Contributed by Julio C. Gurdian
Is an acquirer of assets in a sale under section 363 of the Bankruptcy Code stuck with the experience rating of the predecessor debtor for purposes of calculating unemployment insurance premiums? That was the situation facing Tougher Industries Enterprises, LLC and Tougher Mechanical Enterprises, LLC when, pursuant to section 363 of the Bankruptcy Code, they bought substantially all of the assets of debtors Tougher Industries, Inc. and Tougher Mechanical, Inc. After the sale closed, the New York Department of Labor slapped the purchasers with an elevated experience rating for the purposes of calculating their unemployment insurance premiums based on the high experience rate of the predecessor companies. The purchasers went back to court and argued that the assets they purchased were free and clear of any interests, including the debtors’ not-so-favorable experience rating and the Bankruptcy Court for the Northern District of New York agreed in a March 27 decision in In re Tougher Industries, Inc., No. 06-12960, 2013 Bankr. LEXIS 1228 (Bankr. N.D.N.Y. Mar. 27, 2013), relieving the purchasers of the higher experience rating.
The order authorizing the sale was entered on November 20, 2007 and included the traditional “free and clear” language tracking section 363(f) of the Bankruptcy Code and several other provisions limiting successor liability.
In addition, the court included a provision in the sale order which allowed the court to maintain jurisdiction over matters in connection with the sale order.
Following the purchase, the New York Department of Labor applied the debtors’ experience rating to the purchasers for the purposes of calculating unemployment insurance tax liability of the purchasers’ ongoing business. The result was that the purchasers’ rating was significantly higher than what would have been assigned to a new employer, thereby, raising the purchasers’ unemployment insurance tax premiums. Suffice it to say, the purchasers were unhappy with the situation and took the Department of Labor to court.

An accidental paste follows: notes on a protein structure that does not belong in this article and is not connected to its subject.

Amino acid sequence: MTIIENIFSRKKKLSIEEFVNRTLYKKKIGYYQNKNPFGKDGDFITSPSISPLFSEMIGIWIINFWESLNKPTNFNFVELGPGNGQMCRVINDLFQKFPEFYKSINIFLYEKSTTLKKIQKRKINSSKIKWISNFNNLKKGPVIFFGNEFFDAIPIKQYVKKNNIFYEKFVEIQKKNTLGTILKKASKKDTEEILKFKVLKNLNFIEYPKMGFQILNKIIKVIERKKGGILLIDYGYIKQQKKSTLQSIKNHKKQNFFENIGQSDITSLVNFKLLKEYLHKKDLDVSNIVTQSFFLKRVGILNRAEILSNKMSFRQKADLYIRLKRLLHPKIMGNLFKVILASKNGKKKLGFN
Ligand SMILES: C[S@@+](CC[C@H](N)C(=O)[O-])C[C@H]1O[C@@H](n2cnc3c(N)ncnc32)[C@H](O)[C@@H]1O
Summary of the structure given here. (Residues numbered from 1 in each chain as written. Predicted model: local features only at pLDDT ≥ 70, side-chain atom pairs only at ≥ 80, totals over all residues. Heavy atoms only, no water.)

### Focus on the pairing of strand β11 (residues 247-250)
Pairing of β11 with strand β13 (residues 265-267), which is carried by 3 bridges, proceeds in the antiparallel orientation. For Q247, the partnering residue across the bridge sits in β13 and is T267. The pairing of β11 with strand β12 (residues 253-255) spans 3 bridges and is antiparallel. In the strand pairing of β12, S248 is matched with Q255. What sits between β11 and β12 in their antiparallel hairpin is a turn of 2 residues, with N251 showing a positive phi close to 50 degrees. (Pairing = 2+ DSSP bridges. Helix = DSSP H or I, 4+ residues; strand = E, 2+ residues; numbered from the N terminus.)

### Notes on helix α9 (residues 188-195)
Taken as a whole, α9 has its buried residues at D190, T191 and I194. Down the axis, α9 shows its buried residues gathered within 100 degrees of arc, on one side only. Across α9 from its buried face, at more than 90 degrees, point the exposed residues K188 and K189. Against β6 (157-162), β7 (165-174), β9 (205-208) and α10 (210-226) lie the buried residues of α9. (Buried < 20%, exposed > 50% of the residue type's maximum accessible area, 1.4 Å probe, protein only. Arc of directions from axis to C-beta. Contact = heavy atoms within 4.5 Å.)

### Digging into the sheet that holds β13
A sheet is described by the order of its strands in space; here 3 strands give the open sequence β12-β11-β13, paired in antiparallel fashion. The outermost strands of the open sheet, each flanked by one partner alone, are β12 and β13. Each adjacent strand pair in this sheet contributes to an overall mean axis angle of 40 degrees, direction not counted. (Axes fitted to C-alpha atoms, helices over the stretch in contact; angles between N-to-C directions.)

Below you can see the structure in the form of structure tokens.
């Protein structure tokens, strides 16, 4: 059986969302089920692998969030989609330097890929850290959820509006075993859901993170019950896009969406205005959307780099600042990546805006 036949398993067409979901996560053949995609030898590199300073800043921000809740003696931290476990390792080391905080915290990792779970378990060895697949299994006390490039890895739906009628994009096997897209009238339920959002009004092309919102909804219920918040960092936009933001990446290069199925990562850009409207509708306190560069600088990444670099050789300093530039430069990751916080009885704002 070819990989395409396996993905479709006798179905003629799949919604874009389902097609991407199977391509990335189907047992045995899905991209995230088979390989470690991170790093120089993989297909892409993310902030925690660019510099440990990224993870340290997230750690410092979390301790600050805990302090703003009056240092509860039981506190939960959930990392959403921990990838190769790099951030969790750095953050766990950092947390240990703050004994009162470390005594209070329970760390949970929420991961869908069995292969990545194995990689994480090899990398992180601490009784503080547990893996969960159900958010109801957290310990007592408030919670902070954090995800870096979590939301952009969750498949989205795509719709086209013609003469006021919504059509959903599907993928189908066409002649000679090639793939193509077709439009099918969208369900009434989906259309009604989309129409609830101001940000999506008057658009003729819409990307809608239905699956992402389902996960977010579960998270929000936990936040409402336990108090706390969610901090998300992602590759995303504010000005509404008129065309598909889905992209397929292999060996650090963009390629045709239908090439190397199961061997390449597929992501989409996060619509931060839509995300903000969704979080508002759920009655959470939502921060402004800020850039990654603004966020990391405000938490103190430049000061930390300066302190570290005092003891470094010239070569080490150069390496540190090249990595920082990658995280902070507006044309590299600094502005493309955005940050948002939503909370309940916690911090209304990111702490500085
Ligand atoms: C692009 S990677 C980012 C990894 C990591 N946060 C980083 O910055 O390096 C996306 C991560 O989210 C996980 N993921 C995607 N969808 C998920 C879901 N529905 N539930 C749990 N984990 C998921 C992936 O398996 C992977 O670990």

The court was faced with two issues in the case. The first was whether it still had jurisdiction to interpret the sale order, which the purchasers were relying on to shield them from the raised experience rating. The second issue faced by the court was whether an experience rating is an “interest” under the Bankruptcy Code. If it is, then the court has the authority to strip such interest in an asset sale under section 363 of the Bankruptcy Code.
Subject Matter Jurisdiction
The court initially concluded that it had subject matter jurisdiction for three distinct reasons. First, it reasoned that section 28 U.S.C. § 157(b)(2)(N) gave it core jurisdiction over the matter because that section provides that orders approving sales of property are core bankruptcy proceedings. Second, the court cited federal case law that states that the court has jurisdiction to enforce and interpret its own prior orders. Finally, it noted that the retention of jurisdiction to decide the matter was explicitly preserved in the sale order.